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How to find an investment manager for your nonprofit’s portfolio

January 5, 2017


Say that your not-for-profit’s investment portfolio has recently grown in size and complexity due to a new endowment. Yet your staff doesn’t have the time or expertise to wisely invest and monitor these funds. This is probably the time to hire an investment advisor — but how do you find the best person to make prudent investments while meeting your investment goals?

Where to start

Finding an advisor starts with identifying a pool of qualified candidates with proven track records. Experience working with nonprofit endowments is key.

Request detailed proposals on how each candidate would manage your investments. Also ask for referrals from local private foundations (possibly ones that have funded you in the past) or other area nonprofits.

Compensation issues

Compensation is a critical issue when engaging an investment advisor. Ask candidates to outline in their proposals how they’ll be compensated for their services. Generally, investment managers charge clients based on one (or a combination) of three structures:

  1. Fees or commissions on trades,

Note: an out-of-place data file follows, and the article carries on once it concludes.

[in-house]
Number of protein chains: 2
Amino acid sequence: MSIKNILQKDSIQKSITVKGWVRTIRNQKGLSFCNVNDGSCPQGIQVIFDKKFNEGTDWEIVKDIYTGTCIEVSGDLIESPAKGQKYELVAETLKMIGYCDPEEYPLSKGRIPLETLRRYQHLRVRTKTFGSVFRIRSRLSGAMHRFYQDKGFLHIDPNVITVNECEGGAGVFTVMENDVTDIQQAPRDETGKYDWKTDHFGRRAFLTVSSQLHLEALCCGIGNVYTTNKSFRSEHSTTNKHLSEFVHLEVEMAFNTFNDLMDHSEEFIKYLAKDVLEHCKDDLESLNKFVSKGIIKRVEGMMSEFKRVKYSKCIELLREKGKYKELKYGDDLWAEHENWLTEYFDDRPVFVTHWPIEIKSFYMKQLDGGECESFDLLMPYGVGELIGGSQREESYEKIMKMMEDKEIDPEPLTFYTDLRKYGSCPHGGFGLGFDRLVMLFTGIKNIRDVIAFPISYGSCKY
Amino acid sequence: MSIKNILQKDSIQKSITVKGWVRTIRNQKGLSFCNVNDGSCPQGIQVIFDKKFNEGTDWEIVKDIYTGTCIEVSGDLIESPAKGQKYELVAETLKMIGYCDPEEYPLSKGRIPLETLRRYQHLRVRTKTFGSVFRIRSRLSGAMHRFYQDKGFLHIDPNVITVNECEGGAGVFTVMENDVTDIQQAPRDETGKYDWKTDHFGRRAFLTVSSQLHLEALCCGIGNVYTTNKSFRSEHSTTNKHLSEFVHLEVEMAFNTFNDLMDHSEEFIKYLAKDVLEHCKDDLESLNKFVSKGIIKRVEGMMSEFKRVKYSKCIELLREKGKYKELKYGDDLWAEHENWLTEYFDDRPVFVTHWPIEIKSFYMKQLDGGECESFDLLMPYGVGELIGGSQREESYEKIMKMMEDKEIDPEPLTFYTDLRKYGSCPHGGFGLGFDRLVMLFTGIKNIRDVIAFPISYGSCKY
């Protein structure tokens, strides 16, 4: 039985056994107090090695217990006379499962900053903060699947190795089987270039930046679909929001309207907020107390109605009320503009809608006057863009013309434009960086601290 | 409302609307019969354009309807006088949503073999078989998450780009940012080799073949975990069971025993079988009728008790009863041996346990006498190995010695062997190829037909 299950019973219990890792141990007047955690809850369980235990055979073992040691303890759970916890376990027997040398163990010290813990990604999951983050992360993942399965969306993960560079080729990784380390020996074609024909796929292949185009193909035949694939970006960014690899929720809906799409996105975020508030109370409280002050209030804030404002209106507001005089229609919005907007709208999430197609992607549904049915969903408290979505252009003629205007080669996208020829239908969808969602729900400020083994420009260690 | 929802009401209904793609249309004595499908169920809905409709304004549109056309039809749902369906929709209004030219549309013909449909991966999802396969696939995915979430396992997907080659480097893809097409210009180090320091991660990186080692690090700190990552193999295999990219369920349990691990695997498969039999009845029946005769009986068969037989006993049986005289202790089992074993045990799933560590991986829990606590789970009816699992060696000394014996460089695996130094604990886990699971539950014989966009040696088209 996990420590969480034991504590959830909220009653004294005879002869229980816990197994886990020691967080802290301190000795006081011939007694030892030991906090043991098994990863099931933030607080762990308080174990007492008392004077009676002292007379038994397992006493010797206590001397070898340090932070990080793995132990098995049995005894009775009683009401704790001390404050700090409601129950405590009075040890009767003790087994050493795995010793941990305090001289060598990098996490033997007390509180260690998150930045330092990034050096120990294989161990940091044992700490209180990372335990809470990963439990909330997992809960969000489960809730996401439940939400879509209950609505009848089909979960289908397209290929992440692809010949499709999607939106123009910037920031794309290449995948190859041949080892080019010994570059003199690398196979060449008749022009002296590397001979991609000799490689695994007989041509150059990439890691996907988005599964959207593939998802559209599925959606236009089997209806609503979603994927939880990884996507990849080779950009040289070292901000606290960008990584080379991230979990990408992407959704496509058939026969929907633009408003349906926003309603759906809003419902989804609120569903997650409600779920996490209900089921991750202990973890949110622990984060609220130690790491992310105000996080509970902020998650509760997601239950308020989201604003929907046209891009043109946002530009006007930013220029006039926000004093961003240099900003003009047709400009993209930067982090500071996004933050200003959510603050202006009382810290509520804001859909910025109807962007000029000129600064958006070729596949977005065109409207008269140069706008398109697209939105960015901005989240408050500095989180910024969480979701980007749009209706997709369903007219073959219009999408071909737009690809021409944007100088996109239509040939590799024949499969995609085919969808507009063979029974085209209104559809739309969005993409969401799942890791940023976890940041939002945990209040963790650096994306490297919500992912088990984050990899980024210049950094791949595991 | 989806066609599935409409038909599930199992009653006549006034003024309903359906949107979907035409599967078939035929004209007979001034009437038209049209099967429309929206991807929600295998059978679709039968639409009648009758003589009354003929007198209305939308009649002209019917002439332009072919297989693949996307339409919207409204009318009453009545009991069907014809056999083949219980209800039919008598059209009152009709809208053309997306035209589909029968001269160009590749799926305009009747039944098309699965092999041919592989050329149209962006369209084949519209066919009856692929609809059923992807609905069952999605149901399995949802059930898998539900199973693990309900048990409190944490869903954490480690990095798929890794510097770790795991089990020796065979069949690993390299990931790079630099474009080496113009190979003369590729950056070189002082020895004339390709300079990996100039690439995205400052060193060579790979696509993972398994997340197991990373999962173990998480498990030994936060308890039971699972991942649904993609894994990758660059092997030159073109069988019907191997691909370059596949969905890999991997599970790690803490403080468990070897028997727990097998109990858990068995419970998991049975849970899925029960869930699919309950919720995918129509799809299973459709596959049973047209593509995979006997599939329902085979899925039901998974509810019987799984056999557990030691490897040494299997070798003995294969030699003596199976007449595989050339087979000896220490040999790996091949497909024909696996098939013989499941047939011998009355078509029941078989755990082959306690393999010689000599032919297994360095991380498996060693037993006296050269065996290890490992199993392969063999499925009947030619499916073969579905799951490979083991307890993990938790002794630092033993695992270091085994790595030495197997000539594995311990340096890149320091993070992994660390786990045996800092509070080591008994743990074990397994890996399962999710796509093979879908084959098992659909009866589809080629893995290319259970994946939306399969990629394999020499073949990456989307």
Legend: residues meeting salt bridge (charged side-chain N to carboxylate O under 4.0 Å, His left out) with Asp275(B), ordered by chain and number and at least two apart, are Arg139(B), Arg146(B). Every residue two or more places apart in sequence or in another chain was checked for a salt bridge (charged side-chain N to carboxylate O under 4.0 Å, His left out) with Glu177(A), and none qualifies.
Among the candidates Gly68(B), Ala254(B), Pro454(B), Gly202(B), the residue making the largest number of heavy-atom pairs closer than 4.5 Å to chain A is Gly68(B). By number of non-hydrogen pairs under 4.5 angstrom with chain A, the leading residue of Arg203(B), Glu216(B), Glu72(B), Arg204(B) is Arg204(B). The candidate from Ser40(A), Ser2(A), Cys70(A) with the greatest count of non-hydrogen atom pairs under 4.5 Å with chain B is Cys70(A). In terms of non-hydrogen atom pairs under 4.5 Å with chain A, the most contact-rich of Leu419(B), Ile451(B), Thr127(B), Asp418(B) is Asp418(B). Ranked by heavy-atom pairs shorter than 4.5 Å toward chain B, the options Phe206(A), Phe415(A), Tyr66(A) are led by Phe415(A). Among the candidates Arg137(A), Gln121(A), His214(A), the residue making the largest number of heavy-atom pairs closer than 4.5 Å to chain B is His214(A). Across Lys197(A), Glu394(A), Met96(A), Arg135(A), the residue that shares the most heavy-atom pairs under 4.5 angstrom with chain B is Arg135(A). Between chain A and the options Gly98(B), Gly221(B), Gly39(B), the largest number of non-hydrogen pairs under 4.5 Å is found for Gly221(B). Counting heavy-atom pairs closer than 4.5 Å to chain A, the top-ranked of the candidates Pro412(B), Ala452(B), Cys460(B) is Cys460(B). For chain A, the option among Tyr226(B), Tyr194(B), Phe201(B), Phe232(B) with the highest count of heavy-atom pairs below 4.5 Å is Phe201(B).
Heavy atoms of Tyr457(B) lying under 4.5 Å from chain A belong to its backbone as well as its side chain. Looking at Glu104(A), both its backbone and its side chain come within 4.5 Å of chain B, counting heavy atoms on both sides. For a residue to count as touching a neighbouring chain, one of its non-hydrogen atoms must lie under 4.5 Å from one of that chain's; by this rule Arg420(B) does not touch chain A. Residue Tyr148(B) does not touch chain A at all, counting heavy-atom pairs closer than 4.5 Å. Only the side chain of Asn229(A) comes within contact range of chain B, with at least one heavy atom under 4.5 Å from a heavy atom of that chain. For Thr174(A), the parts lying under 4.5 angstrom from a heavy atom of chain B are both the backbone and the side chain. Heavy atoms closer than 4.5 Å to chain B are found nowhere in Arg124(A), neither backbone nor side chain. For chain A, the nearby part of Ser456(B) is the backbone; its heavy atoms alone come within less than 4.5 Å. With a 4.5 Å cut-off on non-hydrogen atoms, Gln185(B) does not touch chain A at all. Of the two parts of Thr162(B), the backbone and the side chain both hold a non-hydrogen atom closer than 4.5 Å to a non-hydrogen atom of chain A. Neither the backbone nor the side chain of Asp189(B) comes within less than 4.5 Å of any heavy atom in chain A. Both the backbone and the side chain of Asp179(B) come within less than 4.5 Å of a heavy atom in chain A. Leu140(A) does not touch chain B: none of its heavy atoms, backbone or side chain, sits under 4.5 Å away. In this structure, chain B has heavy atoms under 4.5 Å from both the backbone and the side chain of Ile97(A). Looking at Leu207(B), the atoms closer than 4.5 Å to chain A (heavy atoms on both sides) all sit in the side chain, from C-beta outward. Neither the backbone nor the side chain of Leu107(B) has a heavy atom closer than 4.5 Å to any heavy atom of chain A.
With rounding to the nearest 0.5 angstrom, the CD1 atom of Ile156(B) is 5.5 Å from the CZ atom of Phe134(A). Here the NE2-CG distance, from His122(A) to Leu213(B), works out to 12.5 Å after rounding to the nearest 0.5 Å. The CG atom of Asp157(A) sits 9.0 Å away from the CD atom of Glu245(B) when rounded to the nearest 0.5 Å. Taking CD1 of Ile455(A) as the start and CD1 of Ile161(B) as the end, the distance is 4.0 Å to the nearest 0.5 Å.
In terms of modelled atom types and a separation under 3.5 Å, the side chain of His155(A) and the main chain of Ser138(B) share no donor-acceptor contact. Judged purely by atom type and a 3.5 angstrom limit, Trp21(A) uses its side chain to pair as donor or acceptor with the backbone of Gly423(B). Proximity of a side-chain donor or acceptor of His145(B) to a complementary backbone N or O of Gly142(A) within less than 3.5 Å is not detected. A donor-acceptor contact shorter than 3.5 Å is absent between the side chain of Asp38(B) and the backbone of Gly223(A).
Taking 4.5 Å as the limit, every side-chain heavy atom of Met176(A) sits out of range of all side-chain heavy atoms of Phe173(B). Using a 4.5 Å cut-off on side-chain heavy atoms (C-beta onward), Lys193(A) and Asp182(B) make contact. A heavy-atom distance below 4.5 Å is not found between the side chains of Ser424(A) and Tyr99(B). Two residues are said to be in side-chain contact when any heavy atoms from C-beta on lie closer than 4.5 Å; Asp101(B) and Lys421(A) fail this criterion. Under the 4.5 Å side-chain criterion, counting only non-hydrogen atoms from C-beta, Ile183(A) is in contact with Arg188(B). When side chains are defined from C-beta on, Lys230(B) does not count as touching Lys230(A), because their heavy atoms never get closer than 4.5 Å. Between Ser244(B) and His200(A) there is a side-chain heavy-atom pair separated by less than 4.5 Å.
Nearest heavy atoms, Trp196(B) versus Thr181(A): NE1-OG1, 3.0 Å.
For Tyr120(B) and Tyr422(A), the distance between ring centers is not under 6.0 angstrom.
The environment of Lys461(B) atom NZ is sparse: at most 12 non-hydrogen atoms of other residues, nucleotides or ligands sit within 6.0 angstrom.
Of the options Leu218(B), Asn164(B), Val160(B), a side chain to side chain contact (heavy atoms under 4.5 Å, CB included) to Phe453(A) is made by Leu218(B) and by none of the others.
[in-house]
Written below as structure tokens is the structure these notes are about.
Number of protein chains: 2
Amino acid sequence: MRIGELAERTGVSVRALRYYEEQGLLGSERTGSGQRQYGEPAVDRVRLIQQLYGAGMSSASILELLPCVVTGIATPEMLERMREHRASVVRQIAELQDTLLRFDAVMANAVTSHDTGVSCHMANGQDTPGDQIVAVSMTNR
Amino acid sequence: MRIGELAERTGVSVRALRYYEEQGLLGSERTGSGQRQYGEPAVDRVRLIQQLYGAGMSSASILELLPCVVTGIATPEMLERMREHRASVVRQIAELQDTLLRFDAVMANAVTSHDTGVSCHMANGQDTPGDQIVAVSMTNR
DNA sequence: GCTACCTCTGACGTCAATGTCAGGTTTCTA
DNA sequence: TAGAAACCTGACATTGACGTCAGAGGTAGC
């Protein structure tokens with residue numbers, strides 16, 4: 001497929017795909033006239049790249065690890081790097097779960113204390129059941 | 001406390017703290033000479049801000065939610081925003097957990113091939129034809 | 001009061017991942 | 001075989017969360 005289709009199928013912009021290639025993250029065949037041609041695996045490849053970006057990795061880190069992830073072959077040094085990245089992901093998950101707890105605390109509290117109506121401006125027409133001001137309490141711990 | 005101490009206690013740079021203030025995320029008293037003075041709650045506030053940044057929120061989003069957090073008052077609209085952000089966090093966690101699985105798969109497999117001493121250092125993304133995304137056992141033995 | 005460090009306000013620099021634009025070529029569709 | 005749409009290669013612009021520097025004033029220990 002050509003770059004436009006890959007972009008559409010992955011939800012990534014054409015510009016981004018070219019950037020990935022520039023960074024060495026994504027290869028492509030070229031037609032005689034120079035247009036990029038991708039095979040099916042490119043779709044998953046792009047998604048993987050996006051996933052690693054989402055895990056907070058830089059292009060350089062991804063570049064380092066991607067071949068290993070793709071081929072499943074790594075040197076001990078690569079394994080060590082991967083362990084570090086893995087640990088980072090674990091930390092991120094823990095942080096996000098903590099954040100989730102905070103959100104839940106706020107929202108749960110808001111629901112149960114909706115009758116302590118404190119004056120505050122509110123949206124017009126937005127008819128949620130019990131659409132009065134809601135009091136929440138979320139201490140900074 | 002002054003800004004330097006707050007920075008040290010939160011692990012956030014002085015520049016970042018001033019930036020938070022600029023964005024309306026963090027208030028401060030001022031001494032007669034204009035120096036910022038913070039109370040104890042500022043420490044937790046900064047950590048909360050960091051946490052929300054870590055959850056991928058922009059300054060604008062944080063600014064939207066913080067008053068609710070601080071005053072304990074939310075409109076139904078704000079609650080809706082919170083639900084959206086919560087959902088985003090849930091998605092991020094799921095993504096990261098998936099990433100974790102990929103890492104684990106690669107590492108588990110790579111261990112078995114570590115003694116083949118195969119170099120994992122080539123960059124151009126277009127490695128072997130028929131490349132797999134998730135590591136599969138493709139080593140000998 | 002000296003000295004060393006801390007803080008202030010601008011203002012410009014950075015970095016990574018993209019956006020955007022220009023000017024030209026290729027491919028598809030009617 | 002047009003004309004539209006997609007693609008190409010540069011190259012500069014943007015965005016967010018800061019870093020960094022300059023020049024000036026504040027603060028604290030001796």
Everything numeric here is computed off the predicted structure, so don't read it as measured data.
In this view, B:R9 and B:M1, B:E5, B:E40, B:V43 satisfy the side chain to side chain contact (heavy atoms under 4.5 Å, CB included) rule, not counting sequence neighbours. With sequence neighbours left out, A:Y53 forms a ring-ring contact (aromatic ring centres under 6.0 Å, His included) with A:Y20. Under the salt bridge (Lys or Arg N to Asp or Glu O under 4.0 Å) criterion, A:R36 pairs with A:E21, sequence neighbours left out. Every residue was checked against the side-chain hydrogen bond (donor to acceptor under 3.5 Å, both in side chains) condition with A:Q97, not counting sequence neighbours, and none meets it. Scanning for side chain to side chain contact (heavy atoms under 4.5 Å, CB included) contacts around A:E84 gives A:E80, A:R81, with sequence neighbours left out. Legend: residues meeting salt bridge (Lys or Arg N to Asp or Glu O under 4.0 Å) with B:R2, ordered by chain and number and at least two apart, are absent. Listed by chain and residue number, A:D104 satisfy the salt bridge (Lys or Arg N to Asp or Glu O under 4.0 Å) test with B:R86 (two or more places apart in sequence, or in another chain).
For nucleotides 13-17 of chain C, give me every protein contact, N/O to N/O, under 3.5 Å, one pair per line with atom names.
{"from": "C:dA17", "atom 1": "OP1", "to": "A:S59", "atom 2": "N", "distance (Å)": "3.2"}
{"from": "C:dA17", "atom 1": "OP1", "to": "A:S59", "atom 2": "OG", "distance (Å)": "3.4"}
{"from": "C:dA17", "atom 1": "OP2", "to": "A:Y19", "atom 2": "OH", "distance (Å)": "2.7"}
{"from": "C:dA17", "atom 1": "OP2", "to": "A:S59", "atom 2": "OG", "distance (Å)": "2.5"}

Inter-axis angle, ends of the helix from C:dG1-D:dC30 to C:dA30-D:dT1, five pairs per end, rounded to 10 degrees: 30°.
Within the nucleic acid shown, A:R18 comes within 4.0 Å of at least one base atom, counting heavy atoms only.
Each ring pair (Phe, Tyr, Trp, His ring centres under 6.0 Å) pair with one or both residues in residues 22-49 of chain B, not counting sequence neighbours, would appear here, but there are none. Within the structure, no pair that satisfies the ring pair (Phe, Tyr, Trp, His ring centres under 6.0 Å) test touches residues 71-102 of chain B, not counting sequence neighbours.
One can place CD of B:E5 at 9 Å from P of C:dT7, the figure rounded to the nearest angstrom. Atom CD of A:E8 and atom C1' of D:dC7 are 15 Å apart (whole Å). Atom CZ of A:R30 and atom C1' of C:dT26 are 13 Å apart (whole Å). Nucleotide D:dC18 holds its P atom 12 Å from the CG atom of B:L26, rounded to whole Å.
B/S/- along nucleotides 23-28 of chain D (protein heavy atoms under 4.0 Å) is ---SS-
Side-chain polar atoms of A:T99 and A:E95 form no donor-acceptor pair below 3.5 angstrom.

2. A percentage of the asset values they’re managing, or
  3. An hourly rate.

Many nonprofits insist that their investment manager’s compensation be based on asset value or hours, rather than commission. Trade commission structures can give investment managers an incentive to make trades — even when they’re not in the best interests of the nonprofit.

Conducting interviews

Once you’ve narrowed your list to a few individuals, interview them. Look for someone who closely follows market movements and trends, has a thorough understanding of different types of investments, and is capable of creating and managing a balanced portfolio that can grow without incurring excessive risk.

Understanding the candidates’ investment processes, along with their long-term results, is essential, too. Other desirable qualities include experience assisting investment committees in drafting and changing investment policies and an ability to clearly explain the processes and considerations behind their investment decisions.

Proceed carefully

Select your investment manager carefully — particularly if your nonprofit depends on its endowment to generate monthly revenue. For help finding the right advisor, contact us.

All content provided in this article is for informational purposes only. Matters discussed in this article are subject to change. For up-to-date information on this subject please contact a Clark Schaefer Hackett professional. Clark Schaefer Hackett will not be held responsible for any claim, loss, damage or inconvenience caused as a result of any information within these pages or any information accessed through this site.


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